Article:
Most Read Contributor in Cayman Islands, September 2016
The Department of Environment (DoE) is working with Marine
Conservation International (MCI) to track marine predators that
have been tagged as part of an ongoing local research project.
The aim of the project is to inform local management efforts for
threatened species, particularly sharks, snappers and groupers. DoE
Senior Research Officer John Bothwell also noted the project hopes
to address sustainable fishing practices in the Cayman Islands.
'While sharks are now completely protected in all Cayman
waters, we still fish for, and want to be able to keep fishing
sustainably for, snappers and groupers. To do this, we need to work
with the public to help us manage these species', he said.
The DoE states as Cayman's human population continues to
increase, the number of people trying to catch fish also is on the
rise. According to the DoE, more research is needed to make sure
that snappers and groupers are not overfished.
Part of the project entails researchers catching fish and
inserting an acoustic tag, in order to track movements through a
series of research hydrophones, located around all three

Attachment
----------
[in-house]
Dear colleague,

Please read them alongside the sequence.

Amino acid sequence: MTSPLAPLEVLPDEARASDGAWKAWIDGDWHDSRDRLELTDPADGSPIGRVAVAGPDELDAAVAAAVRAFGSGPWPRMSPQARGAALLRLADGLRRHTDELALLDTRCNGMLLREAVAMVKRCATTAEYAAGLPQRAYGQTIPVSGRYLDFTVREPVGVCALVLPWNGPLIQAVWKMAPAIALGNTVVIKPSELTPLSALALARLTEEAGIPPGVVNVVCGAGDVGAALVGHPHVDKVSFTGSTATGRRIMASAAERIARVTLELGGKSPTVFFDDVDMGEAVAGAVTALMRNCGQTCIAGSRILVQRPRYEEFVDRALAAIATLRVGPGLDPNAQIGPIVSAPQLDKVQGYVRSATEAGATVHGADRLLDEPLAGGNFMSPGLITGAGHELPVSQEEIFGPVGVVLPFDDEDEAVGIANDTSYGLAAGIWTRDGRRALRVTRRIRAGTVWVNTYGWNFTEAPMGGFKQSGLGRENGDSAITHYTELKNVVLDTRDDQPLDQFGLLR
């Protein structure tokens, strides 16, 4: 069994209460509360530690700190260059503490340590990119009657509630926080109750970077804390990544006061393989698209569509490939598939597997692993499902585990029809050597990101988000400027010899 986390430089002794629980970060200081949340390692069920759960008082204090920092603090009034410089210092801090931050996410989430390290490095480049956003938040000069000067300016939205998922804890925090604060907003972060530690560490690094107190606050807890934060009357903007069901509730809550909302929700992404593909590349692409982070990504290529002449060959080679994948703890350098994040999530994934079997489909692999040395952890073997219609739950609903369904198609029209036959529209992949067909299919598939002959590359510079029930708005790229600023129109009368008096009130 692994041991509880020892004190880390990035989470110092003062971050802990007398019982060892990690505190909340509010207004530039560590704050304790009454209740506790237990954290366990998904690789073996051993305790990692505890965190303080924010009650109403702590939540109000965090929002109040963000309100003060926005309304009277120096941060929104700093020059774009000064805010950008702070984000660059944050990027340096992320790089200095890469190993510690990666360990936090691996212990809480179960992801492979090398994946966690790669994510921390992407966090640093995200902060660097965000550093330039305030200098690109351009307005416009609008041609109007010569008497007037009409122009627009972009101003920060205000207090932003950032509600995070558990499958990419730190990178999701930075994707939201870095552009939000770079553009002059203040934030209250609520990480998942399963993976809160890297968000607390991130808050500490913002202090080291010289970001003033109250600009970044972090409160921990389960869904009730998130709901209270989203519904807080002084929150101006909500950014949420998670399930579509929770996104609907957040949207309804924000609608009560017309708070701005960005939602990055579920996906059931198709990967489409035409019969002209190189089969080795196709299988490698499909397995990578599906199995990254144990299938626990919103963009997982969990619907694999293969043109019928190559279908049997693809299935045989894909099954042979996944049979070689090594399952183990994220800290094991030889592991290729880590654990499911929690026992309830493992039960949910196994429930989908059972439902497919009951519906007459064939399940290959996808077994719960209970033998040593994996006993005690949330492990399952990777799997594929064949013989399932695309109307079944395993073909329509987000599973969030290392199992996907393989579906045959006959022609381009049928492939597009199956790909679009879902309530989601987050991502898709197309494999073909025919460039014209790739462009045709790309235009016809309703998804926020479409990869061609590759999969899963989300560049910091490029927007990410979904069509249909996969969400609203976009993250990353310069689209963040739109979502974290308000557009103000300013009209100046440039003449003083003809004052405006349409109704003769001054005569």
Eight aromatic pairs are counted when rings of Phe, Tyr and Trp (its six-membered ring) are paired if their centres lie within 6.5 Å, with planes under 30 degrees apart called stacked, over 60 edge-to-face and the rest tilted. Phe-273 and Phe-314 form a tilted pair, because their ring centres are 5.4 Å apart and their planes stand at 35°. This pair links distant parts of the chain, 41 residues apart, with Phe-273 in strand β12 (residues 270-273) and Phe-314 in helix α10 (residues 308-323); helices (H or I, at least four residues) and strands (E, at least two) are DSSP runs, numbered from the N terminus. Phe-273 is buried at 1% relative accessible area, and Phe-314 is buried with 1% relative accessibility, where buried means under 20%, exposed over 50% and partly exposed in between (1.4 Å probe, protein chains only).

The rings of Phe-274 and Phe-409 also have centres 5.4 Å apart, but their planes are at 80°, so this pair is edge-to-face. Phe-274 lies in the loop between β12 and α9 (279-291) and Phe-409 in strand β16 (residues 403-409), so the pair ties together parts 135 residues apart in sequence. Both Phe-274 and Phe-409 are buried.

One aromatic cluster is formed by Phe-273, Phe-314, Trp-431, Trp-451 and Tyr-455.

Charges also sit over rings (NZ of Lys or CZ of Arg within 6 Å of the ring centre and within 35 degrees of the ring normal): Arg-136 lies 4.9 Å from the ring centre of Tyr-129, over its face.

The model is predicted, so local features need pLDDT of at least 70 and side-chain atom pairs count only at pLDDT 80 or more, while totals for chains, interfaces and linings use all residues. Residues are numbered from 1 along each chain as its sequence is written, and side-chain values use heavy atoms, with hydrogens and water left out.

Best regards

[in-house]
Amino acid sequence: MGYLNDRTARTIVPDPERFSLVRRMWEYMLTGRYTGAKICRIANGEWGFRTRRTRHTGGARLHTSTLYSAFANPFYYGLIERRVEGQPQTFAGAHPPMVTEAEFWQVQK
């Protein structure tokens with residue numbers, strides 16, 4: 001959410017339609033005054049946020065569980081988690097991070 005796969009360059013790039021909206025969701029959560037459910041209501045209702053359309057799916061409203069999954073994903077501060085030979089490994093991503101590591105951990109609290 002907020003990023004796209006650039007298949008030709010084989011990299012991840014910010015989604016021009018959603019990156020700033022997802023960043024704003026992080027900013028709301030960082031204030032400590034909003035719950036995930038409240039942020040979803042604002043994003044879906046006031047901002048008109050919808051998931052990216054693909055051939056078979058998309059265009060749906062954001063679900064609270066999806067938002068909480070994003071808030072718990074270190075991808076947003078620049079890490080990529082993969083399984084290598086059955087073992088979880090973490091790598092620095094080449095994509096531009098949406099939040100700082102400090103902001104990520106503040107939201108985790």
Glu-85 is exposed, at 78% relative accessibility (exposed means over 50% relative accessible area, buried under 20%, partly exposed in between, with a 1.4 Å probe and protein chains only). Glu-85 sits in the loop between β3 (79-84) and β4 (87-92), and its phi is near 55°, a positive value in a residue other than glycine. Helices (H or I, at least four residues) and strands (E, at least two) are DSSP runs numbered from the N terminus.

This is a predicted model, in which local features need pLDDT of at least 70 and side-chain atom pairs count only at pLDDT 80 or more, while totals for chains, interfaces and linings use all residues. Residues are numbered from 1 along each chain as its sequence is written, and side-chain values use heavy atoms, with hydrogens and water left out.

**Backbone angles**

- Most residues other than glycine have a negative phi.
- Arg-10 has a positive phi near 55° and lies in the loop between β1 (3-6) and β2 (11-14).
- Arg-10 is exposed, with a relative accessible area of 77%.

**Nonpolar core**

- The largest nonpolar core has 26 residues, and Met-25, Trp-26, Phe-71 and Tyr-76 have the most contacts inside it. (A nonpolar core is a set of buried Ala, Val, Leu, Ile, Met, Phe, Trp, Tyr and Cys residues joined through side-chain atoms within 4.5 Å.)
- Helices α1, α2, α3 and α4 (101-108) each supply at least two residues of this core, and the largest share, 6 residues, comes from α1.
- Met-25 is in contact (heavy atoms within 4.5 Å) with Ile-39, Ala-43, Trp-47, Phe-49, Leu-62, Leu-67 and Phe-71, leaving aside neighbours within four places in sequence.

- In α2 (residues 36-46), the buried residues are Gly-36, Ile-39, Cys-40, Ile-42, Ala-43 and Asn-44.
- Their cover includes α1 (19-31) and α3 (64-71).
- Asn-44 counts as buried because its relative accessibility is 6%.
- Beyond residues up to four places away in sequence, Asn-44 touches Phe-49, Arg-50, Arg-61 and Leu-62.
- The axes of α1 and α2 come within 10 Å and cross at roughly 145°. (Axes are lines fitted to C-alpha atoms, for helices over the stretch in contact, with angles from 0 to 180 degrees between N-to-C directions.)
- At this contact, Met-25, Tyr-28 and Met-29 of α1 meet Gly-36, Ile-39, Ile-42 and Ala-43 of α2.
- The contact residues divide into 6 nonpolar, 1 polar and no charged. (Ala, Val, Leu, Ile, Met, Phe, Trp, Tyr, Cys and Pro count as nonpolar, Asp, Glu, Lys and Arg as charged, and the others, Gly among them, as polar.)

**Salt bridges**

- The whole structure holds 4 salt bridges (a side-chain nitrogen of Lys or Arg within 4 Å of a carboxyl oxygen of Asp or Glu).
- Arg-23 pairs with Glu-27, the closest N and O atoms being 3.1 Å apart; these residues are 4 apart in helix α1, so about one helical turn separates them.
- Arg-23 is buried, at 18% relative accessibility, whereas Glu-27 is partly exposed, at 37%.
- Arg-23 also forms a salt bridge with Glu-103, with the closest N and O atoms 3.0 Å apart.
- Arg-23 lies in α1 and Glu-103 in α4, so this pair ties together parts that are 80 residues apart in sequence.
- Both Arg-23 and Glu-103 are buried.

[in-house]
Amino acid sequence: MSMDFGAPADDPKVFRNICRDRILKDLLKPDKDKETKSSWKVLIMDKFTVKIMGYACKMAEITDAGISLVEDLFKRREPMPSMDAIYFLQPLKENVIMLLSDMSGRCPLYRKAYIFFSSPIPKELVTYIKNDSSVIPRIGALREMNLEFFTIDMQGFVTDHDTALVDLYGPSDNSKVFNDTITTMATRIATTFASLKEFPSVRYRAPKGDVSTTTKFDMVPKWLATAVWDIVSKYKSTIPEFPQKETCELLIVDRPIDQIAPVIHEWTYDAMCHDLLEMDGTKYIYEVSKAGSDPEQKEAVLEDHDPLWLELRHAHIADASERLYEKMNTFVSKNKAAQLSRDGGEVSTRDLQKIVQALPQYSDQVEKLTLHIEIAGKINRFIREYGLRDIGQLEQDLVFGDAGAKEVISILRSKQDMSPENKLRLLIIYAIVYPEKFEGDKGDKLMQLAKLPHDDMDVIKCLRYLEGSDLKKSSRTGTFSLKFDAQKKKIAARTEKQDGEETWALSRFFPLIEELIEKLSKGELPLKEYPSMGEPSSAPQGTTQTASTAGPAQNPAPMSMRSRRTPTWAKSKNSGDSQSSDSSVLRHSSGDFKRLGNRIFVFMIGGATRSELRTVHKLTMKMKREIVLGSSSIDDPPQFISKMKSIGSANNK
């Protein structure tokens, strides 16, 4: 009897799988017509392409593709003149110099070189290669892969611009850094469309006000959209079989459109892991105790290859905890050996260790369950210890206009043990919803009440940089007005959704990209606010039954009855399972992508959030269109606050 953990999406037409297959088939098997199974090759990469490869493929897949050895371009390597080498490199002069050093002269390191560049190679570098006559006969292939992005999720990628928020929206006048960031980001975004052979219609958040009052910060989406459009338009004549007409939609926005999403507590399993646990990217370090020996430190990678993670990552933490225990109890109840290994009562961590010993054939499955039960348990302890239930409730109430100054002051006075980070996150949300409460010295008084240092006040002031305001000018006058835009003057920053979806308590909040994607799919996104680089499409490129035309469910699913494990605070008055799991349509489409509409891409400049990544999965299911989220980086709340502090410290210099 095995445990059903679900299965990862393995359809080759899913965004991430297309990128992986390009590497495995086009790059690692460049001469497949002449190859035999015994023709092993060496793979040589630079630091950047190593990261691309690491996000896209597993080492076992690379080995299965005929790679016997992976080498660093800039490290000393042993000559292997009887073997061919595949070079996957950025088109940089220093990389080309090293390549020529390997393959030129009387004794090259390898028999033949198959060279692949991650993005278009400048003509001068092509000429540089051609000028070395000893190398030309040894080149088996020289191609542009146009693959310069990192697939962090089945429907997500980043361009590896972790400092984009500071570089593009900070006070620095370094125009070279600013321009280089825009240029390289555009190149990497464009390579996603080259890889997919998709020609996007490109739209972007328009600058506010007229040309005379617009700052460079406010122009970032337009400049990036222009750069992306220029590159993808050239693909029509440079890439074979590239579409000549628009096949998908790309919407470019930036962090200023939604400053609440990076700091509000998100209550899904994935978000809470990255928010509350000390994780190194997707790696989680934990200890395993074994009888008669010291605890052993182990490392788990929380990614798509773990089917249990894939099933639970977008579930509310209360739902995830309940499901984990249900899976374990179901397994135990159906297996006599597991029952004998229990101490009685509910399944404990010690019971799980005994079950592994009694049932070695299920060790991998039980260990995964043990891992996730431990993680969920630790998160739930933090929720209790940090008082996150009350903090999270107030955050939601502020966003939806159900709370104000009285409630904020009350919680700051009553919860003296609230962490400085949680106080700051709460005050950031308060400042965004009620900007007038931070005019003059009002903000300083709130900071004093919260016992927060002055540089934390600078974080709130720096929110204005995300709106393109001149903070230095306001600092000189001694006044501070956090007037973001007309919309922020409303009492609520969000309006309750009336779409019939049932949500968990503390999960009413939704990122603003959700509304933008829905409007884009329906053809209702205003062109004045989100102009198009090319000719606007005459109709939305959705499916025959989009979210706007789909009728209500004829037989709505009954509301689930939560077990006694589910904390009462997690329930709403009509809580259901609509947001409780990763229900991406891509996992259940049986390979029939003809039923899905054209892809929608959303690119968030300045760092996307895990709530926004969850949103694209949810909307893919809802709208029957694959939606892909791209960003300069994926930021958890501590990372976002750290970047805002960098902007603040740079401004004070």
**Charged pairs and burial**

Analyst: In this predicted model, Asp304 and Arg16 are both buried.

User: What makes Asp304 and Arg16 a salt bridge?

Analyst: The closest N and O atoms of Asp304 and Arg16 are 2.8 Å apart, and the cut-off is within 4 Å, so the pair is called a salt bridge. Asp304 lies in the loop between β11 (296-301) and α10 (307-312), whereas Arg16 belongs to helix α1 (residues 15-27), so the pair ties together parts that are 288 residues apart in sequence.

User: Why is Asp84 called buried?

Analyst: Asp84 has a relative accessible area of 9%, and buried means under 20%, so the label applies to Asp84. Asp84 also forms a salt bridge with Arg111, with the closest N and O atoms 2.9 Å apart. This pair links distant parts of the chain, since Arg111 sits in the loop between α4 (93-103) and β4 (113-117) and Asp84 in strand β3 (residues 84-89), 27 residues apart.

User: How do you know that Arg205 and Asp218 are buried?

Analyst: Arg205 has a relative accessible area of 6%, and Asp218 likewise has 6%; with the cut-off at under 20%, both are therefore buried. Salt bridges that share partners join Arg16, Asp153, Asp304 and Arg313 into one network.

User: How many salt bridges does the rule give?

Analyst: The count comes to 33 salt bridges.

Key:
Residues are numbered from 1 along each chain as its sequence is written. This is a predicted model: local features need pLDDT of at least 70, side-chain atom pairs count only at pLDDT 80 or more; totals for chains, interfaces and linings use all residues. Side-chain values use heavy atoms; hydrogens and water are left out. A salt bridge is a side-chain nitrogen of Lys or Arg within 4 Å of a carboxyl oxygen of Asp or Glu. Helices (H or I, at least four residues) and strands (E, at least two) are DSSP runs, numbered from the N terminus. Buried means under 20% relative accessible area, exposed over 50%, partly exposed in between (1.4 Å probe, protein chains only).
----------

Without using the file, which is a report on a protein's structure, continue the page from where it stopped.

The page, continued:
Fish are also tagged with small white beads and the DoE is
asking for public feedback if the tagged fish are caught or
photographed. There is also a reward for the return of the acoustic
tags, located in the belly of the fish.
The DoE encourages persons photographing marine predators to
post the image on social media with the hashtag #SpotThatCayFish.
Additional information should be provided, namely the
submitter's name, date, time of day and the name/location of
the dive or snorkel site. From there, MCI officials will identify
the fish and study its migration patterns.
'While all species on the reef are important, these top
marine predators influence the population structures of other reef
organisms', said MCI researcher Pete Davies. 'They play an
important role in affecting the behaviour of other species. Big
snappers, groupers and sharks are a crucial part of a complex
system. There is a lot we can learn about these fish from the tags
and the photos.
'I'm talking to as many fishers as possible about their
experiences with these species, to get a better idea of their
distribution, especially lagoon and mutton snappers, and tiger
groupers. This information from the fishers and divers will help us
better understand the fish', he said.
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